LDR

Being in an LDR with an introvert

Rosie
26th February 2019

My to-be husband and I are truly as different as night and day. In a lot of ways. I'm a planner, he's impulsive. He show's affection with words, I show them with actions. I'm quite the pessimist and he's usually more of an optimist. He's brave and I'm fearful. I mostly think creatively where as he thinks systematicly.

And the one difference that once really ruled (and maybe nearly ruined) our relationship: I'm an introvert and he's not.

Don't get me wrong. My hubby isn't an extreme extrovert or anything, but he's definately not as addicted to his time-alone as I am. In fact, not at all.

If, by any chance, you don't know what an introvert is, here's a short resume: an introvert is simply a person who loves their own company. A LOT. They do not get lonely as fast or as much as other people may, and time spent alone is recharging them, where as time spent socialising is eating their energy.

Most, if not in fact, all of my ex'es have been introverts like me, so I suppose I never questioned to mention to my current boyfriend that I am, indeed, an introvert. So I didn't. For quite some time, at least. It was a mixture of not feeling like I had to, and a hidden feeling of not wanting to, because I didn't want to make him sad. Because really.... how do you tell someone you'd rather be alone than be hanging out with them?

No matter what I felt caught because I hadn't been clear from the very beginning, and because I hadn't, my fears were plentyful. What if he thinks I'm lying and I don't like him anymore? What if he blames himself? What won't he think when I tell him I need alone-time? How will I say it in a non-hurtful way?
All those thoughts abselutely haunted me, and so, because I'm both fearful and hate the conflict, I said nothing. At least untill a couple months ago.

Like any other introvert, I reached a point where human contact just made me want to crawl under my blanket. I was living with a friend of mine (bless her heart, I'm grateful!) and so because I was under her roof, I was of course never alone. That was how I lived for 3 long months. In constant company with at least one more person, 24/7, sleeping on an airmadress with problems being thrown at me. And then I just downed.

I broke down completely, confessed to my boyfriend that I had thoughts about leaving him even though I loved him. The mixture of the distance, social pressure and my circumstances pushed me down a dark hole. But, quite obviously, we figured it out and I'm happy for that, now that I'm in a much better position.

But because I'm an introvert and I was always with people constantly demanding my attention - demanding as in, they, of course, expected me to listen and respons and be present - I didn't have the mental capacity for everyone. And so, as unfortunate as it is, the one I decided to "freeze out" was my boyfriend. Someone that I deeply loved and cared for. But he was always the last one to get to me after a tiring day of school, work and then instead of going home, I went to someone elses' flat and laid on my airmadras. More talking, less energy.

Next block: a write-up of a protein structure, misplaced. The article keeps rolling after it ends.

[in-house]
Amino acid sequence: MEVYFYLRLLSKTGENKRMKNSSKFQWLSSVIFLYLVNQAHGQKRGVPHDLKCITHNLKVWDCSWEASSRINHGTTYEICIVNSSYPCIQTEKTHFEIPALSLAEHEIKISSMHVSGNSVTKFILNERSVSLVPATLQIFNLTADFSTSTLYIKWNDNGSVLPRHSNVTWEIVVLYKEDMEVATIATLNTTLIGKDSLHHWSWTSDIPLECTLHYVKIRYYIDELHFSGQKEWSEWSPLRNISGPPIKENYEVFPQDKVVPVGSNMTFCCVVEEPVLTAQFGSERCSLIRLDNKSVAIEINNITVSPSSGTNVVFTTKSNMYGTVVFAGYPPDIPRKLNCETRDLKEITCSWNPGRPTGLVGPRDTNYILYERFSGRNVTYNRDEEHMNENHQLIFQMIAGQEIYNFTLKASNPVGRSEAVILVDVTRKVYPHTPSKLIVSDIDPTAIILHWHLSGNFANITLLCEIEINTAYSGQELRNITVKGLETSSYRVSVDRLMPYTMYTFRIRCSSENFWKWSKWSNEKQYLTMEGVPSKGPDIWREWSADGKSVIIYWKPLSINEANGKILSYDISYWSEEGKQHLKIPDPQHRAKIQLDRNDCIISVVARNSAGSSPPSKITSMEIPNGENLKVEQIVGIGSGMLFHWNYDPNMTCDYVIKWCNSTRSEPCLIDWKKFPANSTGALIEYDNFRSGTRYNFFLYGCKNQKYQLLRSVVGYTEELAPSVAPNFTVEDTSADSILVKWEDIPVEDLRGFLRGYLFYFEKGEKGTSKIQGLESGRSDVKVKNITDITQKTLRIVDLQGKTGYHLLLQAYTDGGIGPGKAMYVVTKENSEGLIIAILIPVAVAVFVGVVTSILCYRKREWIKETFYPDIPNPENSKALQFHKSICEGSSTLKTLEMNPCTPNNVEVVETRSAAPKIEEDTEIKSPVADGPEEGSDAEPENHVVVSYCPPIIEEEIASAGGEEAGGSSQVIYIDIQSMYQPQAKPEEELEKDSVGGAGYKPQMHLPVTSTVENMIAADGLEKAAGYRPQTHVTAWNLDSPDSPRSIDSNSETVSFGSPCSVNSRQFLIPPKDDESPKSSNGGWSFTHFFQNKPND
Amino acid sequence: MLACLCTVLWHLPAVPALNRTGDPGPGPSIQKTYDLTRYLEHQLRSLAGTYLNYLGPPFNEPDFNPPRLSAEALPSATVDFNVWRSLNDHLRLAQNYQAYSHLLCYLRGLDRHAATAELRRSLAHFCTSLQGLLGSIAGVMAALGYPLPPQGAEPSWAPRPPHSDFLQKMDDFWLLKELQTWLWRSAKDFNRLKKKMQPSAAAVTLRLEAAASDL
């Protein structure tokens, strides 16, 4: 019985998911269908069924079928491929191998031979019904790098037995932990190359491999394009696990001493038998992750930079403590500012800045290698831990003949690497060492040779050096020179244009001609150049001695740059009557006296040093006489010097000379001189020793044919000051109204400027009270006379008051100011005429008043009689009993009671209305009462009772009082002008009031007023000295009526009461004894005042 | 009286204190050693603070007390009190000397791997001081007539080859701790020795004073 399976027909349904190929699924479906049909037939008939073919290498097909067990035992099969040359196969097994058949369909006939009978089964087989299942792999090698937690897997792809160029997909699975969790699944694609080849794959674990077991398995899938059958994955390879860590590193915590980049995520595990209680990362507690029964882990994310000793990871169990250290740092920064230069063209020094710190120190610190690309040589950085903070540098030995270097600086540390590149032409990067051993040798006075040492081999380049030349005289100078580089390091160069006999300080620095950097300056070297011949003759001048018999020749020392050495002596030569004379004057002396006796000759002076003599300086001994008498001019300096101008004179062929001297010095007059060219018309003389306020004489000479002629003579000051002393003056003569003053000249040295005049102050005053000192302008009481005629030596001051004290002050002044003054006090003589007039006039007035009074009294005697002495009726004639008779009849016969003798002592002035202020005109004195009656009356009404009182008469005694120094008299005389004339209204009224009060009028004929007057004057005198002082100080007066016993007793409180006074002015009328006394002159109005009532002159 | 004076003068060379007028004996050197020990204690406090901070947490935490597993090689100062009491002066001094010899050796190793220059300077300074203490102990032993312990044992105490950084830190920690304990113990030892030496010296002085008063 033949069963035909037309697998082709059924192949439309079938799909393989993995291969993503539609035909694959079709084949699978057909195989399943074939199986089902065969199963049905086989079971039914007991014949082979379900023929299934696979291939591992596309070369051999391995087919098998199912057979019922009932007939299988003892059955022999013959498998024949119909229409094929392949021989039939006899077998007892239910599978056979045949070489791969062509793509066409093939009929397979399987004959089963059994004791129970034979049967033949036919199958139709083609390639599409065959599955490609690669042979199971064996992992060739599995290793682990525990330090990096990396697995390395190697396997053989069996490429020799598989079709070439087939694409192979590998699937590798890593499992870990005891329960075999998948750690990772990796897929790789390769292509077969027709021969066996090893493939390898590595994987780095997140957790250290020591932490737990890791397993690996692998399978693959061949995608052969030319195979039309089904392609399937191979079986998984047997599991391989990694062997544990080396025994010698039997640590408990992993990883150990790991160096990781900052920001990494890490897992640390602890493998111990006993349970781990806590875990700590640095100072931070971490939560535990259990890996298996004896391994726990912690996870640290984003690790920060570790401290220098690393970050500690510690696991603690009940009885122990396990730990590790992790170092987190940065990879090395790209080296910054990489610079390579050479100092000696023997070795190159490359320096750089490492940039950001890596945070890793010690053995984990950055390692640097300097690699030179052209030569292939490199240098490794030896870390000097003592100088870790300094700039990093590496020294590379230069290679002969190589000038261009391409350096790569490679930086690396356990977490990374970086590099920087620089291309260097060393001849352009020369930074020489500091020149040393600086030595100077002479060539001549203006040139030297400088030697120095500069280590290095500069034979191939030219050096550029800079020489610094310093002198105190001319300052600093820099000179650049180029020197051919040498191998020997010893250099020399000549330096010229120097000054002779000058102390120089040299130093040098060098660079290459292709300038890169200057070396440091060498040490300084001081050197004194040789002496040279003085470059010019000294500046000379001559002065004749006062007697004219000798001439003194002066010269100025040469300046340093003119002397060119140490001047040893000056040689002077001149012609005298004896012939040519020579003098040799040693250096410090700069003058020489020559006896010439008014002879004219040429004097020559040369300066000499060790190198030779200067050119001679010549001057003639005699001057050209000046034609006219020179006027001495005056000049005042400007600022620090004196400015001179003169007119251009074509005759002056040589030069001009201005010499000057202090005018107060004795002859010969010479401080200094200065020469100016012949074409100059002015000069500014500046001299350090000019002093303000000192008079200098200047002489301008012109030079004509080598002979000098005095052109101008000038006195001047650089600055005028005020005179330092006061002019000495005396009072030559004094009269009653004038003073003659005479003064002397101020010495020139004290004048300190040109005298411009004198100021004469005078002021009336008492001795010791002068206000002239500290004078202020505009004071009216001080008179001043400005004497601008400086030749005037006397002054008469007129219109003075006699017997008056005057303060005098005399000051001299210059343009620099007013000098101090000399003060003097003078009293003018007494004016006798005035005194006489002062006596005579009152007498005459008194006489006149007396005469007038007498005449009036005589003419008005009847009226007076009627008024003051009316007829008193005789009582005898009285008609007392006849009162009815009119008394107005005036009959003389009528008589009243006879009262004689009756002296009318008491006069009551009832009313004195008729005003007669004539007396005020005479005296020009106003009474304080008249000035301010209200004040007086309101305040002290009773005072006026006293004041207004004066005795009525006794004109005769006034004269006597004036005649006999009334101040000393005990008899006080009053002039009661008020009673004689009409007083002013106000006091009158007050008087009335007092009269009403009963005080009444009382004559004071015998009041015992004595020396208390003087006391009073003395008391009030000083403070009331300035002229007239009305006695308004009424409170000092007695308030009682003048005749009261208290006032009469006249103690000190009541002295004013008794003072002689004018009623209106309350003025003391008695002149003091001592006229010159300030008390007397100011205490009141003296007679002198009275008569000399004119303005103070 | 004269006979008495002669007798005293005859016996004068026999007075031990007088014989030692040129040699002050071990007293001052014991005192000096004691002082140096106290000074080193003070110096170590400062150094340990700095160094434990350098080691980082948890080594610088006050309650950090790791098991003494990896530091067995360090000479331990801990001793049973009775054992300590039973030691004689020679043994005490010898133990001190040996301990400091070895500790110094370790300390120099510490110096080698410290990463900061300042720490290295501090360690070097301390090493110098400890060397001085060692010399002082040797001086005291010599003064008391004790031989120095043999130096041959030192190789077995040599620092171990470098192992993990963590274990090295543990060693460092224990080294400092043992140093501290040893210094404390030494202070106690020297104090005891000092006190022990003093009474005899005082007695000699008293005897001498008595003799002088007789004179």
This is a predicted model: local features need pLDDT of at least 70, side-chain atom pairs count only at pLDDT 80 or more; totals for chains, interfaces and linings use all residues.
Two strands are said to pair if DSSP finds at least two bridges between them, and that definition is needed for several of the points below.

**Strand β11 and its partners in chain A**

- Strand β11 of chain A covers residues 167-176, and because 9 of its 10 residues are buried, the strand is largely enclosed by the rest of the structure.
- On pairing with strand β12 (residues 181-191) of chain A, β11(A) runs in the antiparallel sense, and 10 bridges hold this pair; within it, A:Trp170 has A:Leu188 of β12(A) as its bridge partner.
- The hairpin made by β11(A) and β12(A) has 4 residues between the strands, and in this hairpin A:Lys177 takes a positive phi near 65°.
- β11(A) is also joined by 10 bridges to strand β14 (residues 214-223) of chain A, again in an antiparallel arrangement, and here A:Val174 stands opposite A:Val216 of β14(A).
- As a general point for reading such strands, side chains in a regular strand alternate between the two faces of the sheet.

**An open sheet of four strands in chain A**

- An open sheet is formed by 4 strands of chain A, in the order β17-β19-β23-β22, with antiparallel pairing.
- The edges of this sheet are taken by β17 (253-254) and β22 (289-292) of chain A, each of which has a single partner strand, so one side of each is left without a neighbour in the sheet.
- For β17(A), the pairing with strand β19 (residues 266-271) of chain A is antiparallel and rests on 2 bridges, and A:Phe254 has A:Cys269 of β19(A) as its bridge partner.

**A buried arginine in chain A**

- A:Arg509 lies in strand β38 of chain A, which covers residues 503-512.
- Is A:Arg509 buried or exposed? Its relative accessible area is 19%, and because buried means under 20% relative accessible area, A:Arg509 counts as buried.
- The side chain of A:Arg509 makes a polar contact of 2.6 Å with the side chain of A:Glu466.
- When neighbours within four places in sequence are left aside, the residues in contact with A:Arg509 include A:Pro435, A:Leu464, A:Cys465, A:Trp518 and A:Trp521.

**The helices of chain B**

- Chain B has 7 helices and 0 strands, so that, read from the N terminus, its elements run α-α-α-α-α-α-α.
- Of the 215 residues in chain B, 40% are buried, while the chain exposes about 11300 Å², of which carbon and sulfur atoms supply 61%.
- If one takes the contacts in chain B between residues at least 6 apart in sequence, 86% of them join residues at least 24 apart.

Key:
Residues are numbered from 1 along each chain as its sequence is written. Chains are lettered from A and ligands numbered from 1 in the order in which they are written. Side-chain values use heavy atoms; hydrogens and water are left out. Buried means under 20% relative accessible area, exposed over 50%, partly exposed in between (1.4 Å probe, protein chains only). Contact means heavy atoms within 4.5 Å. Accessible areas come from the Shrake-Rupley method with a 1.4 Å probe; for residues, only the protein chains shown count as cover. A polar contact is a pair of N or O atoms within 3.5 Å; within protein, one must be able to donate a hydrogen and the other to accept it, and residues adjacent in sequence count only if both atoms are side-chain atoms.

And then finally he'd come home, and want my attention too, and I just couldn't, and I'd hate myself for it. I hurt him and I hurt myself.

I came to the conclusion that I had to tell him sooner or later. And so I did.
Did it feel like I hurt him? Yes. But at least then he knew. And he understood.
So if I could give one tip to all introverts in relationship: Be clear from the beginning and TELL THEM! Explain your feelings to them, because most of the time we're met with understanding (or at least accepting), and if not... Then ask yourself if you would really want a significant other to never accept you for you, so that you'd always have to hide or push yourself? Only you can answer that one.

I still to this day push myself. I still feel like he get's a little sad every time I tell him I need me-time, even thought it's probably all in my head. My insecurities with being an introvert really get to me, because it's hardly ever a positive thing to not want to socialise. But it is regardless who I am.

The thing is I love spending time alone and in silence. Not the dead-silence, but the silence of the no-communication. But the "silent" sound of birds chirping, the sounds of nature, pages turning, a little background music or background talk with only one person speaking (where I don't engange myself - like a podcast), that kind of silence. That's how and when I recharge and I always return in a brighter, calmer mood.

I suppose we always try our best for our loved ones, which is why I try to spend as much time as I can with my boyfriend, even if at times I can feel myself thinking - I need a break - I'm still struggeling. Eventually I hope this fades.

More so, I remember an episode I mentioned to him when I said I was an introvert, where we together physically for 14 days straight. I had the best time, we were close and so happy. But I had a few times where I would just sit and try to silently watch videos or spend time doing whatever on my phone and cut myself off from the world, and not socialise. This understandibly so confused and saddened him, because he took it as if I didn't want to spend time with him, but nothing could be further from the truth. I just needed to de-socialise to re-socialise.

Truth be told, no matter how much I like to spend time with me, I'd still want to use whatever energy I have on those people that I love, and my significant other especially. He gives me a drive, passion, calmness, happiness and everything I want in a person. Because at the end of the day, I do not laugh or smile when I'm alone, but I always do whenever I'm with him.